The problem with many of these words is that Russian borrowed them from the same source as English borrowed them from, but Russian kept closer to the original meaning. Thus, chef was borrowed from French into English with the more specific meaning of 'chief cook', while it was borrowed into Russian as шеф (chef) with the meaning of 'leader', 'chief', or 'boss', which was, and still is, the original meaning in French. Thus, chef is a false friend between both English and French and English and Russian, but a 'true friend' between French and Russian. The same is true of фабрик (fabrik), which means 'factory', as it does in the original French. Эвентуальный (eventual), meaning 'possible', and актуальный (actual), meaning 'topical', will be familiar to anyone who has studied Czech, German, French, Italian, Spanish, Danish and many other European languages. These two slippery customers were discussed in detail in the article on Language Interference in the 7thissue of MED Magazine (May 2003).

Sometimes, a word entered both English and Russian from a third language with the same meaning intact, but thereafter developed a different meaning in one or both, and so, what looks like a reassuringly familiar word becomes a potential source of confusion or embarrassment. This is what happened to the first word in the list above. The English word angina originally came from Greek agkhon, meaning 'strangling'. This was assimilated into Latin angere, from which we also got anger and anguish. In mid-16th century English angina referred to a medical condition involving suffocating pain, in particular quinsy, a severe throat swelling, usually occurring as a complication of tonsillitis. This meaning is now very rare in English. In the mid-18th century, anginabegan to be used in English as a shortening for angina pectoris, severe chest pain caused by inadequate blood supply to the heart. This is what it refers to today. Russian, however, has retained the original, 16th-century, meaning of angina — quinsy, or severe tonsillitis. This false friend landed one English journalist in a tight spot in 1996, just before the Russian presidential elections. On being told that Boris Yeltsin was unavailable because he was suffering from ангина (angina), the unfortunate journalist reported that the presidential candidate had a heart condition, when all he had (at that time) was tonsillitis.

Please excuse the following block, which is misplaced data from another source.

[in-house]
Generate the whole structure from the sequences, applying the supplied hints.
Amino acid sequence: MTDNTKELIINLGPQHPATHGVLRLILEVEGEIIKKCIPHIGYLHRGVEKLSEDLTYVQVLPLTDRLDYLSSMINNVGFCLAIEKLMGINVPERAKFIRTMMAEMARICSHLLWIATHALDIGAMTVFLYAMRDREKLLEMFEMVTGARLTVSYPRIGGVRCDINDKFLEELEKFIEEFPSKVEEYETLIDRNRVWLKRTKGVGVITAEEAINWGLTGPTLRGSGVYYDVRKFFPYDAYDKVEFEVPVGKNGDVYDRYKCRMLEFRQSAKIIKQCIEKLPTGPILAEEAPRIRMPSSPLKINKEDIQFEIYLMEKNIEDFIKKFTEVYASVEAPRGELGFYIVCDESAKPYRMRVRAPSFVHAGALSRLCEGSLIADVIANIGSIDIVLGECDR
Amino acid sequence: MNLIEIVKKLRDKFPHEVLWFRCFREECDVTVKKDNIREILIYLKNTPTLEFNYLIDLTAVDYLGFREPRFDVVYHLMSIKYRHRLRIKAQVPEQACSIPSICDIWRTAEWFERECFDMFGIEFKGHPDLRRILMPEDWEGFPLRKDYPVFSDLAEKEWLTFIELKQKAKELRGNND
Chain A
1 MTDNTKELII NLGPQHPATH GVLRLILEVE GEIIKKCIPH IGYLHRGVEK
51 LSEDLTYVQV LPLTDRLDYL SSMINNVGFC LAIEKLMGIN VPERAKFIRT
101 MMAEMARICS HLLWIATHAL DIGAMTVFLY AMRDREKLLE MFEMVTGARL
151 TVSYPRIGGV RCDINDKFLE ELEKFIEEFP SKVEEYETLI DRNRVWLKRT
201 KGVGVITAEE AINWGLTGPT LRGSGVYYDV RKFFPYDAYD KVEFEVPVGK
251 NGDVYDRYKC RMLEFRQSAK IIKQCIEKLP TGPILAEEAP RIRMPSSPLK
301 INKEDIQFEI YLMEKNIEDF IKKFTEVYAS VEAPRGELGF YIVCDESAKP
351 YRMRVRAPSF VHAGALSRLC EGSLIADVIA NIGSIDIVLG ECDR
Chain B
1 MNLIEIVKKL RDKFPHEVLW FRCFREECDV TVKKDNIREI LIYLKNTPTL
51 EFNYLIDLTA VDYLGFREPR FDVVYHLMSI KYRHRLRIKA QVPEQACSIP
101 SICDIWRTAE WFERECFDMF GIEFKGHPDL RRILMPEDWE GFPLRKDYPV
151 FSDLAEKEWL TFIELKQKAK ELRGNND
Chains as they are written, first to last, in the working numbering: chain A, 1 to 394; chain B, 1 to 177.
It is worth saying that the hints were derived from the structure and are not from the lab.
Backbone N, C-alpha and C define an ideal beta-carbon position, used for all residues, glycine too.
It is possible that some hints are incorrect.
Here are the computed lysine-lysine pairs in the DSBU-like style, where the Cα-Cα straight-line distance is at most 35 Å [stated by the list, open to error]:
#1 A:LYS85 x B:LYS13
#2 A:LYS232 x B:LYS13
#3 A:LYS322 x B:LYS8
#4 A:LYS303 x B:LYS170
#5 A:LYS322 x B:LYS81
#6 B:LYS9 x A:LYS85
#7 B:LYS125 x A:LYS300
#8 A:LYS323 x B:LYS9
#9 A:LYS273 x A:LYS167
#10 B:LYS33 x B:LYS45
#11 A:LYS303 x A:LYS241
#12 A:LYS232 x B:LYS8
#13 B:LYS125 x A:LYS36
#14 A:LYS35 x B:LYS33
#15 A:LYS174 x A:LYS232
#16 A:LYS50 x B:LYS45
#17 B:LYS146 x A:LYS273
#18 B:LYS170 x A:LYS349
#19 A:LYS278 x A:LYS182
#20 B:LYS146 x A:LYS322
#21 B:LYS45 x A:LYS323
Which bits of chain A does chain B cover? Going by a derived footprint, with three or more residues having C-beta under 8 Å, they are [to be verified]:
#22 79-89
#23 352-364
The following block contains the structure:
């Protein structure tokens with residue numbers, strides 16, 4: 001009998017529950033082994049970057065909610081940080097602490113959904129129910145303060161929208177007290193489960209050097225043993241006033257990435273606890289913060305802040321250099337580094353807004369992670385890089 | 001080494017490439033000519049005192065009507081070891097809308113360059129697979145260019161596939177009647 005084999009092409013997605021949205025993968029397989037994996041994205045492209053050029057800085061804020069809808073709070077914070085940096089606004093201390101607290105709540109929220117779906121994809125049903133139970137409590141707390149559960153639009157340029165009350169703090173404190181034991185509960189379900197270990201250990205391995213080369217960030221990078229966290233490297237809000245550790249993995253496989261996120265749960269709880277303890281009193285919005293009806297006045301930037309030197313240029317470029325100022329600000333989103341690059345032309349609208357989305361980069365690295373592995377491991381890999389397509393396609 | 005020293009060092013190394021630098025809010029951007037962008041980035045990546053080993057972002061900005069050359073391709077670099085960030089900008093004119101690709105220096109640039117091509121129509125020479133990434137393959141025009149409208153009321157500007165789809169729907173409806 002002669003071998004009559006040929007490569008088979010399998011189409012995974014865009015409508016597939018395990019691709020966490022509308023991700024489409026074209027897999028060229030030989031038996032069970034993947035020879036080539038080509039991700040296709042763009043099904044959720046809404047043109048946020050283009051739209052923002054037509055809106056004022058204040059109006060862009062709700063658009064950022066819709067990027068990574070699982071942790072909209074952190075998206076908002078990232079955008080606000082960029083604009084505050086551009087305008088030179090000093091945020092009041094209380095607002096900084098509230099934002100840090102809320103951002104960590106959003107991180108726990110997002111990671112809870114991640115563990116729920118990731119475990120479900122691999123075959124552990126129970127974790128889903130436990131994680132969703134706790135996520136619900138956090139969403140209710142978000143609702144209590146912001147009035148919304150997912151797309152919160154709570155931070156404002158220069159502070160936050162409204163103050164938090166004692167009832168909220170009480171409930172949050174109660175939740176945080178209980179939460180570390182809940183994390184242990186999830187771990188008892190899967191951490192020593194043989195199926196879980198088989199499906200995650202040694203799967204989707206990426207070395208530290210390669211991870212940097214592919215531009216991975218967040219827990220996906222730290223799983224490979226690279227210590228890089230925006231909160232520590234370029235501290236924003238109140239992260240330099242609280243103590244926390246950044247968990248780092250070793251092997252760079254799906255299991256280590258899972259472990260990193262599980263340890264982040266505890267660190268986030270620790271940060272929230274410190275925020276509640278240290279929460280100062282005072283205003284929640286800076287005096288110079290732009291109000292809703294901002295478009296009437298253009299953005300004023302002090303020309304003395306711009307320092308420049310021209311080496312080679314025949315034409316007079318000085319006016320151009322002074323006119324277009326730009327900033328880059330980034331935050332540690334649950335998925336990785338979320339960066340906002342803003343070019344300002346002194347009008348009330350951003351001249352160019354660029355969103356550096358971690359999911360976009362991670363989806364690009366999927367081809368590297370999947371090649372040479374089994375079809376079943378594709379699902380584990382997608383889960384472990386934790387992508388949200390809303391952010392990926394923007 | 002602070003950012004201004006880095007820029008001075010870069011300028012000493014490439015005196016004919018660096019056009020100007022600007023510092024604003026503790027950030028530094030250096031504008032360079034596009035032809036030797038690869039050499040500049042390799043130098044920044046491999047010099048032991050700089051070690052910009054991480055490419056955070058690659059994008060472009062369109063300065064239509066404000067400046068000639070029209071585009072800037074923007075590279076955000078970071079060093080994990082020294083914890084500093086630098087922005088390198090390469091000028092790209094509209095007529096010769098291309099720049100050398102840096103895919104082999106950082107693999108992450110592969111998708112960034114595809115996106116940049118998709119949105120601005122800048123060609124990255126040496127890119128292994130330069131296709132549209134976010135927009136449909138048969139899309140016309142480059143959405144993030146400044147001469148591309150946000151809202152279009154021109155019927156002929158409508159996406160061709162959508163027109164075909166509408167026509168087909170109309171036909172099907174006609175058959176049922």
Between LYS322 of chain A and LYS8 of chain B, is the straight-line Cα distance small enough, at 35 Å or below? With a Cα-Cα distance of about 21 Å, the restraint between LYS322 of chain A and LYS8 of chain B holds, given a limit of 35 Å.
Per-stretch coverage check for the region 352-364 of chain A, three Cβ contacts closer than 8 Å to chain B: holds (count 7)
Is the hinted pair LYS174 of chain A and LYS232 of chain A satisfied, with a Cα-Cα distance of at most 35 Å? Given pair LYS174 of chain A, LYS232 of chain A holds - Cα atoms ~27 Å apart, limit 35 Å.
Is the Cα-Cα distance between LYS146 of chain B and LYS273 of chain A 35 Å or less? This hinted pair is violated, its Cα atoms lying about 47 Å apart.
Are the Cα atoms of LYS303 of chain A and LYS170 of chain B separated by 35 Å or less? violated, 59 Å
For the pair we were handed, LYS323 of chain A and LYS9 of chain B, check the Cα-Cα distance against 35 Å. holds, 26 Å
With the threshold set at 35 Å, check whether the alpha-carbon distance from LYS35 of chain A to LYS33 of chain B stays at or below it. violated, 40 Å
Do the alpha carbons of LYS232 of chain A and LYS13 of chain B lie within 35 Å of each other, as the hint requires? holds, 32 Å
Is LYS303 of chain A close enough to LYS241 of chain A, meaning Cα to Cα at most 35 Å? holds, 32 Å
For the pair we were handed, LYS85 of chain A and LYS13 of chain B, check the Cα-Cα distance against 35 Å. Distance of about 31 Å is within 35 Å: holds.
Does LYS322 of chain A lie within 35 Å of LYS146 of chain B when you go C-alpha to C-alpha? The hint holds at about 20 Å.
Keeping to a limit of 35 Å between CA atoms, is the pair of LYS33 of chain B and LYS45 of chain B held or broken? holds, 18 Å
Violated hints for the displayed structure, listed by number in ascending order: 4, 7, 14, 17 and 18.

Words can be very slippery customers. All the more so when they start to travel around the globe, mixing in with native words and evolving, as they will, and always have. Cognates — words which have come from the same source, however long ago — are perhaps the most slippery of them all. But at least they keep us on our toes.

4. Conclusion

We can come to conclusion that throughout the centauries a great number of borrowings penetrated into the languages and enriched each other. The English and the Russian languages are not the exceptions. After the Russian revolution in 1917, English became the most common source of borrowings into Russian. Throughout the twentieth century, the borrowing trend continued with new words borrowed into Russian whenever there was a need to fill a gap in the vocabulary.

It will be interesting to see how borrowing continues between the two languages, especially given the speed of modern communication and change. Will Russian begin to be inundated with more and more English words and will there be more Russian words that seep into English? Keeping track of these changes will be a challenge for linguists, lexicographers, language learners and language teachers alike.

5. References

1. Cambridge International Dictionary of English, Ed. P. Procter (CUP, 1995)2. John Ayto, Bloomsbury Dictionary of Word Origins (Bloomsbury, 1990) 3. For a list of words borrowed by English from many different languages, see:www.wordorigins.org4. For a list of false cognates discussed by Steve Shabad at the 42nd annual conference of the American Translators' Association, 2001, see: www.ata-divisions.org/SLD/PDF/False-Cognates.pdf4. For a fascinating in-depth history of Russian language contacts, by Eva Lopatkin Easton, see: http://eleaston.com/rel/rel2.html

5. http://www.english.language.ru/curious/curious8.html

6. http://www.ruf.rice.edu/~kemmer/Words04/structure/borrowed.html

7. http://www.interpress.kz/booksell/mcdivision/ffbre